GDPR and Online Privacy, 1 Year Later
For many of us in the U.S., the GDPR is still a mystery. Although it had been in the works for a long while, it seemed to appear out of nowhere, cause a sudden rush of panic as the deadline to comply arrived, and then disappear without a trace.
At first blush, it seems like the kind of thing we could ignore. That’s Europe’s law, and not America’s. But a closer look suggested it would apply to any site doing business with Europeans, even if it was simply receiving site visitors from Europe. Here at Electric Citizen, that seemed to be a fairly small part of our client base, but something we took seriously nevertheless.
For Graywolf Press, a publisher with an international audience, we made sure to implement warnings about any cookies present, and allow users to opt-in before browsing the site for the first time.
For other clients, such as a nonprofit only serving those in the Twin Cities, or a legal aid site advising only Minnesota residents, it seemed less critical. It certainly wasn’t anything our clients were asking for.
But now that a year has passed, I wonder where this leaves us. In some ways, it feels like the GDPR came and went like Y2K. A lot of hype and no actual change.
But that doesn’t feel true. Privacy concerns are more relevant than ever before. From unscrupulous data miners like Cambridge Analytica to frequently-breached social media accounts, it doesn’t feel safe out there. How much of your personal data is being collected, and how is it being used? That seemed to be the fundamental drive behind implementing the GDPR, and it shouldn't be too much longer before a similar policy takes effect in the US.
So what should we be doing? What can we do? What should we be expecting from the websites we browse and use everyday?
The principles of GDPR are still in effect, whether or not anyone in the US is paying attention. At its heart, the law requires all companies provide explicit notification regarding any data they are collecting from their customers.
For websites, this could mean data collected in a contact form, cookies that track where you come from or what you browse, or adding someone to a mailing list.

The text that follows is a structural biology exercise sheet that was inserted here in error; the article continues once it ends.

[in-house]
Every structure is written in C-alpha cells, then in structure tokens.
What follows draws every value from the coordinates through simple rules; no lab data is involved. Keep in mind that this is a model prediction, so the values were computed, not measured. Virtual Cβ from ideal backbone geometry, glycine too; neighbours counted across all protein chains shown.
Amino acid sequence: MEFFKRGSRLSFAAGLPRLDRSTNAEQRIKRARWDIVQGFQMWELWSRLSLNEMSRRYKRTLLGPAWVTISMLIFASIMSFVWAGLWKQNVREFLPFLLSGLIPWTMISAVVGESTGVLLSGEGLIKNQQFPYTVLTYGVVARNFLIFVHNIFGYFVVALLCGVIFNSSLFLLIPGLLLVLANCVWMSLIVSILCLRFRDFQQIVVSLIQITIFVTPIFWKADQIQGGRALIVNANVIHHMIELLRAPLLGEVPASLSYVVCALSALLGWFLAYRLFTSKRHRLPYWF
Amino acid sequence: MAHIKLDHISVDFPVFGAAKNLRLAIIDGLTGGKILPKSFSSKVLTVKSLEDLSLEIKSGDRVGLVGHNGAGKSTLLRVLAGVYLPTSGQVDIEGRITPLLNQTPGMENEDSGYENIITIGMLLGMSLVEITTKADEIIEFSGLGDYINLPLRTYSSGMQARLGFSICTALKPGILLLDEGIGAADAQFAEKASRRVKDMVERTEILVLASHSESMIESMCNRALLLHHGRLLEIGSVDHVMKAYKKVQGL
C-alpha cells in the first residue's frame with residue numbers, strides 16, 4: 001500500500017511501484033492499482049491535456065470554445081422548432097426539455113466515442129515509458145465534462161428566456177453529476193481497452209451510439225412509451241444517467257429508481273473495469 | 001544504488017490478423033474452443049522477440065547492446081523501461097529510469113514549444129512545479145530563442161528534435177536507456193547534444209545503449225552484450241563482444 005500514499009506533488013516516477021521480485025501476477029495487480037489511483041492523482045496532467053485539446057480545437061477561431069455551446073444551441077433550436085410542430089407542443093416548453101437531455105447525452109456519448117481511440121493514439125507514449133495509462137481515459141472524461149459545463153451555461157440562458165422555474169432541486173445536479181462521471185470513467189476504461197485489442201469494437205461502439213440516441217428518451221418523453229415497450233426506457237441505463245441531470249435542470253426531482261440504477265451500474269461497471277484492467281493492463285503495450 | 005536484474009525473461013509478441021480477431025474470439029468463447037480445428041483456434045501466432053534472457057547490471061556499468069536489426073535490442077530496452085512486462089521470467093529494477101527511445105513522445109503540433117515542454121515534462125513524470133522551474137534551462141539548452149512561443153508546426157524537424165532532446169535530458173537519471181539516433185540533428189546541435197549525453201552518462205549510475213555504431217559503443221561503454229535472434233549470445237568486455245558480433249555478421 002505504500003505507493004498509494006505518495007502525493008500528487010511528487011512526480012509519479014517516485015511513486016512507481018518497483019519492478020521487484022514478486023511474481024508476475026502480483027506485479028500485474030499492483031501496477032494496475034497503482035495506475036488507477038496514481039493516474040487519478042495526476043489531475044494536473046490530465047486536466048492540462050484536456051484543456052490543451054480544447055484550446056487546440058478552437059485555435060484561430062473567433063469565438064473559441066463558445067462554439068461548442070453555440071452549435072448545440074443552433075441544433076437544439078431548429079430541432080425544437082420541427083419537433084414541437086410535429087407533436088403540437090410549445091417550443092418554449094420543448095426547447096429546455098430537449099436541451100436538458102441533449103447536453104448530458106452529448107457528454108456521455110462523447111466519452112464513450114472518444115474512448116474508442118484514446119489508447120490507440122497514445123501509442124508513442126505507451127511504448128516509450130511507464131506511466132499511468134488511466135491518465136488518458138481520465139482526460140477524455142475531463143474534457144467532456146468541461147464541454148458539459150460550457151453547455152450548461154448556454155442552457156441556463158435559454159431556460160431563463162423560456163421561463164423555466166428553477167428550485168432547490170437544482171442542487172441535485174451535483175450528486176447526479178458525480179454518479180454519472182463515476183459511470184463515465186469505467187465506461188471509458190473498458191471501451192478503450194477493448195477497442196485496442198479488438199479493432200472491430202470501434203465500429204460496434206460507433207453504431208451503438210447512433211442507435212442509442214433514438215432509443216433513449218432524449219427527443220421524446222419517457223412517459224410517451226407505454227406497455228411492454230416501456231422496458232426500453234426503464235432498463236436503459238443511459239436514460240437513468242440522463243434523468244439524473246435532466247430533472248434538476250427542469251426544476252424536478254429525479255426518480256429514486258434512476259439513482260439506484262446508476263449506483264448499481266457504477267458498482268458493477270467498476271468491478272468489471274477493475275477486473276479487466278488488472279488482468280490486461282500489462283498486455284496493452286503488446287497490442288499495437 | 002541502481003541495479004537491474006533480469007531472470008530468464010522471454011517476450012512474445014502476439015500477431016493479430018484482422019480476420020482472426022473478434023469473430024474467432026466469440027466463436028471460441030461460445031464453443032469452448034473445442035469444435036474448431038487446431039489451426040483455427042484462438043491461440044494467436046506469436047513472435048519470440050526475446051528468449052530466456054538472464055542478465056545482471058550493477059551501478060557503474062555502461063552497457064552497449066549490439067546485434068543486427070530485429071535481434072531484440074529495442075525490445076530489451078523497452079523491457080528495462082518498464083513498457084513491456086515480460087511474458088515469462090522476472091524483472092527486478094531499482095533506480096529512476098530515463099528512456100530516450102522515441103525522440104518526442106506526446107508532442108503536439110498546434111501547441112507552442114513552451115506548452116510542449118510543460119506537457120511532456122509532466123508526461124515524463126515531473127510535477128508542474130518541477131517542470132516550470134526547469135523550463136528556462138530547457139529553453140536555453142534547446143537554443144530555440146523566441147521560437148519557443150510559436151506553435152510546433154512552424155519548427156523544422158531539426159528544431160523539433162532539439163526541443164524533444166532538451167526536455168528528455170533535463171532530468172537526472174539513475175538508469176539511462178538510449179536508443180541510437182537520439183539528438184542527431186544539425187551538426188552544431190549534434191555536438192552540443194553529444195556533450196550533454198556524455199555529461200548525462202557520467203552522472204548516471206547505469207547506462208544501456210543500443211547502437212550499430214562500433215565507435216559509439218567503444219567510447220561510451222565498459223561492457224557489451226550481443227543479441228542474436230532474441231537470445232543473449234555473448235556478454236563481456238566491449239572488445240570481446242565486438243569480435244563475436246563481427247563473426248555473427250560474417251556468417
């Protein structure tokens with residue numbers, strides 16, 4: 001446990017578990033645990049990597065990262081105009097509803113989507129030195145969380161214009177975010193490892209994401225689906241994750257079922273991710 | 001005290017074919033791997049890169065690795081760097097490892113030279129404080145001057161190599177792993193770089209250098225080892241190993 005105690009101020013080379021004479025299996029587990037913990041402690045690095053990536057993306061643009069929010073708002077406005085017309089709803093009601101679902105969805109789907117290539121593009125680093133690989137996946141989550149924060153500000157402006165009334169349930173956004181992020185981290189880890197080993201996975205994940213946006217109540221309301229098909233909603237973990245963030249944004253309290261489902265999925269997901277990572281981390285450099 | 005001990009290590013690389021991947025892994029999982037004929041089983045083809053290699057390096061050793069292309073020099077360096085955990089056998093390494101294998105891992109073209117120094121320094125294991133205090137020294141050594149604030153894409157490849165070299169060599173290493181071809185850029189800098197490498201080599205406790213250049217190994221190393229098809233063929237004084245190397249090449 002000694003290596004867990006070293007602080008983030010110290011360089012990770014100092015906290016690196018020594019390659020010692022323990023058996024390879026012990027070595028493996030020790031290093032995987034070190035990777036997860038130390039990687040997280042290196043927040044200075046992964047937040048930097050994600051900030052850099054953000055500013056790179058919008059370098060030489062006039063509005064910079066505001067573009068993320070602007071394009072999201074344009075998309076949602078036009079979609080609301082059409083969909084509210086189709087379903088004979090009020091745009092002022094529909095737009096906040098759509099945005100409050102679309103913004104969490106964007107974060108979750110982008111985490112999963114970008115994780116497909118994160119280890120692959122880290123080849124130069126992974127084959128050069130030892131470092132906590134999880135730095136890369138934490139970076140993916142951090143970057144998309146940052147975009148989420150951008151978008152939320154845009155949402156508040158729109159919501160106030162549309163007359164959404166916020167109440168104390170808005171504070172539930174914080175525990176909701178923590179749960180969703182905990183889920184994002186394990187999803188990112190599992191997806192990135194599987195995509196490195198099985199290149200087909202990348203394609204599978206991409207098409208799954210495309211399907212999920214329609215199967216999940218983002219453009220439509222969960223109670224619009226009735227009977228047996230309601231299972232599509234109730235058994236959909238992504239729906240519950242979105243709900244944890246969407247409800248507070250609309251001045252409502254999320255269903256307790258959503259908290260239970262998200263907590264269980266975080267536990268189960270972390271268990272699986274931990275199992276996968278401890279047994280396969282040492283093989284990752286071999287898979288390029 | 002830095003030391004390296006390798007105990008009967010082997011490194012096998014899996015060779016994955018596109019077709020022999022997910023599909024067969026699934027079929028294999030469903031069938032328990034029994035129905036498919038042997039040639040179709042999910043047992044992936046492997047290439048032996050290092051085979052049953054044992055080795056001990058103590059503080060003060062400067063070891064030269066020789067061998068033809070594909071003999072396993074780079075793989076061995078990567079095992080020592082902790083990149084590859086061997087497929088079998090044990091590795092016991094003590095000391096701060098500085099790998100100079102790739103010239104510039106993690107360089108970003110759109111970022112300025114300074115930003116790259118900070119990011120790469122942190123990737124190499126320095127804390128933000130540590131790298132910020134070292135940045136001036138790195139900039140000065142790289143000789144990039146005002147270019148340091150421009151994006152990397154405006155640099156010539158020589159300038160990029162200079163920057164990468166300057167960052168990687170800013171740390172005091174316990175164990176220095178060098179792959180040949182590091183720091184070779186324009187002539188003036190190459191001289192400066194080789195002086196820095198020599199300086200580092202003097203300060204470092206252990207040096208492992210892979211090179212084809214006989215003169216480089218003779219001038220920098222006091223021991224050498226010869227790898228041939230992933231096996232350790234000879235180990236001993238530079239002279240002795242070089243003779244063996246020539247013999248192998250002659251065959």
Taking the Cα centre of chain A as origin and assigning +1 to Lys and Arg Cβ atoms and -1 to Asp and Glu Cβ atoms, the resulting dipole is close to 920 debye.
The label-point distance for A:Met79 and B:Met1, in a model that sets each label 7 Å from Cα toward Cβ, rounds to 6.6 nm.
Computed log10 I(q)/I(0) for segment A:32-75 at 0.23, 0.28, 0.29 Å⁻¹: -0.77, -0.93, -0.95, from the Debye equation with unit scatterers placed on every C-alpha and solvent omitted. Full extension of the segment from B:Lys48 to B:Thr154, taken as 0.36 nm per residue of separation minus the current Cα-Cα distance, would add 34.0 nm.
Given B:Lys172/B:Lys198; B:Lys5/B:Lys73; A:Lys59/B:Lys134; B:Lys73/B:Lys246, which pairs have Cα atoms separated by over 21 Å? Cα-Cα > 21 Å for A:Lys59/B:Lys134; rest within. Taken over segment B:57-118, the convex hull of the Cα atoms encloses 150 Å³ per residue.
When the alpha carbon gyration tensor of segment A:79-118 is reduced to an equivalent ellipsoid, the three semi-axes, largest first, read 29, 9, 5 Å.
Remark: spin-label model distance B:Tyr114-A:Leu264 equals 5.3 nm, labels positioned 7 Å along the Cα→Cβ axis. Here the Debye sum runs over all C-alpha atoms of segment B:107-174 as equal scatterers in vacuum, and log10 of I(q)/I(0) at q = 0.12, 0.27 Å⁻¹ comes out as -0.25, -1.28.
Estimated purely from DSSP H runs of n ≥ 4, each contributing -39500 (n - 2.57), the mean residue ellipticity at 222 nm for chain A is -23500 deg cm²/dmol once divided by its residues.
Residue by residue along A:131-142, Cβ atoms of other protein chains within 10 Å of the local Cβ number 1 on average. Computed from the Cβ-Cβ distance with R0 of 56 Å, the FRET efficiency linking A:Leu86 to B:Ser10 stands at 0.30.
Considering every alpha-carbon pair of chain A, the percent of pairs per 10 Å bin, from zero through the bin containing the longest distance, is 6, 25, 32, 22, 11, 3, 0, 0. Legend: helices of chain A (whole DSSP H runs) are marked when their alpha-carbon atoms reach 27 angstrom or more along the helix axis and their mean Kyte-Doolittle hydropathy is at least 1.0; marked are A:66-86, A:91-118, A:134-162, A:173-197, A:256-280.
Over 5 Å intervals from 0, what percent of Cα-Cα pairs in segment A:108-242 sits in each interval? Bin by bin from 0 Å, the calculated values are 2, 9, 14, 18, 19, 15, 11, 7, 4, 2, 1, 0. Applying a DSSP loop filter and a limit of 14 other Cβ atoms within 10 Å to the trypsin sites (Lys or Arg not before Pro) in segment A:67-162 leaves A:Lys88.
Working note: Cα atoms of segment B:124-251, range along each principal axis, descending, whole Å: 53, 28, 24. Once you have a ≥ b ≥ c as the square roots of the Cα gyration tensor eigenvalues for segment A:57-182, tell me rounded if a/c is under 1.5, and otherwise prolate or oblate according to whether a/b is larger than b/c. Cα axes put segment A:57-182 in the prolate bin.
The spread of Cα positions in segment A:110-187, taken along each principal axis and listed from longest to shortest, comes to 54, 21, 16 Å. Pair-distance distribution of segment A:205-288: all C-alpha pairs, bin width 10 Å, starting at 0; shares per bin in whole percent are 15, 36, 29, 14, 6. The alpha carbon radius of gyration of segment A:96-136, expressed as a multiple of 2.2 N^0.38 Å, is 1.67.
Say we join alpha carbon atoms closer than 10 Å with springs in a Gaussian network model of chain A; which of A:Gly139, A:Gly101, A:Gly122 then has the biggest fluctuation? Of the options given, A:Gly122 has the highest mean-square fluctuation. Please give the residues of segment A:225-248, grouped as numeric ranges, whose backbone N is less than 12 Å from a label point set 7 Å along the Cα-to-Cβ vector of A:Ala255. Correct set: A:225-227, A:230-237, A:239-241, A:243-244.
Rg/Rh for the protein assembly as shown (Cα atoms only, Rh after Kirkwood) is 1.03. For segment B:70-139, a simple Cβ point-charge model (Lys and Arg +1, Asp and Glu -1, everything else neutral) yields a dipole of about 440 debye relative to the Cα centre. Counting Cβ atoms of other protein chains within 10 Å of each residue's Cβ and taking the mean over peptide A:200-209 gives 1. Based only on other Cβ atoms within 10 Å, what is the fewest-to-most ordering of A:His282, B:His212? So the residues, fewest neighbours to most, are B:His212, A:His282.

GDPR establishes that all users have the legal right to know (and easily understand) what information a company is collecting about them, and request that this information be deleted upon request.
In addition, should a company suffer a data breach, they need to disclose this to “relevant authorities” within 72 hours. If the data is considered “high risk” to consumers, such as a credit card number, they also need to be notified.
If you develop websites in Drupal, as we do, there remains a wealth of additional info on Drupal.org.
In some ways, it feels like the GDPR came and went like Y2K
The GDPR states that if you collect personal data or behavioral information from someone in an European country, your company is subject to the requirements of the GDPR.
What has not been as clearly stated is that US-based organizations need to be specifically targeting a European audience for the law to applicable. In other words, just because someone in Europe stumbles upon your site isn’t cause for legal action. The website would need to specifically make reference to EU consumers, and perhaps offering content in those nation’s language.
This does leave a lot of leeway for US organizations, and seems to be more applicable to international firms marketing to European audiences. I am not a lawyer, of course, so when in doubt, ask a professional!
In 2018, the state of California passed the California Consumer Privacy Act, or CCPA, as a consumer-rights focused bill to protect user privacy. Similar to the GDPR, the new law would require businesses to be upfront about what data they are collecting, who they are sharing it with, and allow consumers to request their data be deleted.
This changes the equation significantly for US-based organizations. You may be fairly certain your site’s visitors are US-based, but what about the state they live in? What if they are from California? Similar to other laws originating in California, the mere presence of a law like this begins to affect how all the states treat issues of privacy.
As recent as April 2019, lawmakers were pushing several news bills to reign in some of those protections, on behalf of employers and businesses who found the new law too broad. The tech industry is somewhat discouragingly behind a lot of the lobbying as well. The original law was set to take effect by 2020, but some of the details are still being debated.
The CCPA doesn’t appear to apply to everyone, however. It is targeted towards businesses with annual gross revenues over $25 million, and/or companies whose annual revenue primarily comes from selling users personal information. And unlike the GDPR, it is more of an “opt-out” law than “opt-in.” Websites don’t have to ask before applying a cookie, and businesses don’t have to ask before selling personal information. They do, however, need to offer an easy method to opt-out.
Early results from the GDPR has been less data collection online. Perhaps a more deliberate, targeted approach by companies towards our personal data is coming to America?
What do you think? Do these laws seem like a good thing, or an unnecessary burden to bear? Or perhaps these laws don’t seem strong enough?